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Research Report

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Home and community-based services (HCBS) are a range of long-term care services intended to enable older adults and persons with disabilities to “age in place” in their own homes and communities. Previous studies well document that older adults prefer receiving HCBS rather than institutional care at a nursing home. One study concluded that 84 percent of older Americans, aged 50 years and older, want to remain in their homes for as long as possible. Medicaid is a major source of funding for long term care. Currently, a large proportion of Medicaid funds in most states has been spent on institutional, and older adults and their families have relied on nursing homes to be the provider of long-term care.

In 2006, the national average of the proportion of Medicaid long-term care spending for disabled older adults and persons with disabilities going to institutional care was 75 percent, while 25 percent was directed towards HCBS. Similar to the national average, the proportion of Medicaid long-term care spending for institutional care in 2006 was greater than the proportion for HCBS in Massachusetts with 78 percent of Medicaid long-term care spending directed towards institutional care, and 22 percent going to HCBS. Moreover, in 2007, Massachusetts had nearly 25 percent greater rate of nursing home utilization than the national average. As of 2008, according to the Massachusetts State Profile Tool, approximately 60 percent of MassHealth (Massachusetts’ state Medicaid program) long-term care spending is spent on nursing facilities.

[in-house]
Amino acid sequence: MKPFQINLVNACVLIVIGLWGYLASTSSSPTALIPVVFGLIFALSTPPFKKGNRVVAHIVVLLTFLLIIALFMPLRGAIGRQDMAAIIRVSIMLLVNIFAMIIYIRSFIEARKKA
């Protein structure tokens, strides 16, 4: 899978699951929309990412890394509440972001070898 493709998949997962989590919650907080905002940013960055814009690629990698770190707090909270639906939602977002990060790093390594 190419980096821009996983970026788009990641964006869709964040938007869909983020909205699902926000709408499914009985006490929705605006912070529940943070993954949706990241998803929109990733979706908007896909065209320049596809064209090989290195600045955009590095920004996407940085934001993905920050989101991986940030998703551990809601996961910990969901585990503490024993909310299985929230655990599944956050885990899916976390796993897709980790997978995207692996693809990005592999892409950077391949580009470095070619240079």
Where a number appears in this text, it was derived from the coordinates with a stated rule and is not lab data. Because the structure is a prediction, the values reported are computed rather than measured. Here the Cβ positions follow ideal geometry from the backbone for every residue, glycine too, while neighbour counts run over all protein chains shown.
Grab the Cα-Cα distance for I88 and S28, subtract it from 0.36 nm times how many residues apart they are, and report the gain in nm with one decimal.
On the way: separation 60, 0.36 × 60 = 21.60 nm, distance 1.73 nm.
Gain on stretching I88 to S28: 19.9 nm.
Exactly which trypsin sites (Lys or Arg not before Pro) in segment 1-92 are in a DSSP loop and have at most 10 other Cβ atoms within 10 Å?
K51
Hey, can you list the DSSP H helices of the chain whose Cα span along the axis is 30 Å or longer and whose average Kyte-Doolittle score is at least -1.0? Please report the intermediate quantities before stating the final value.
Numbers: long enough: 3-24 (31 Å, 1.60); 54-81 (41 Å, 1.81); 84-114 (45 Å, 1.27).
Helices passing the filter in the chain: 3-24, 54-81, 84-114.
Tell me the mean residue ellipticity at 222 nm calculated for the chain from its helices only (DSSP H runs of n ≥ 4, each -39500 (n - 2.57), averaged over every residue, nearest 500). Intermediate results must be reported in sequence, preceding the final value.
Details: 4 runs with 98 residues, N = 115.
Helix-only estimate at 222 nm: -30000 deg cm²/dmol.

This report was supported, in part, by the Gerontology Institute, McCormack Graduate School of Policy and Global Studies, and the College of Public and Community Service, University of Massachusetts Boston; and by Mass Home Care.

HCBS_Feb_9_2011_EXECSUM.pdf (758 kB)
Massachusetts’ Home Care Programs -- EXECUTIVE SUMMARY



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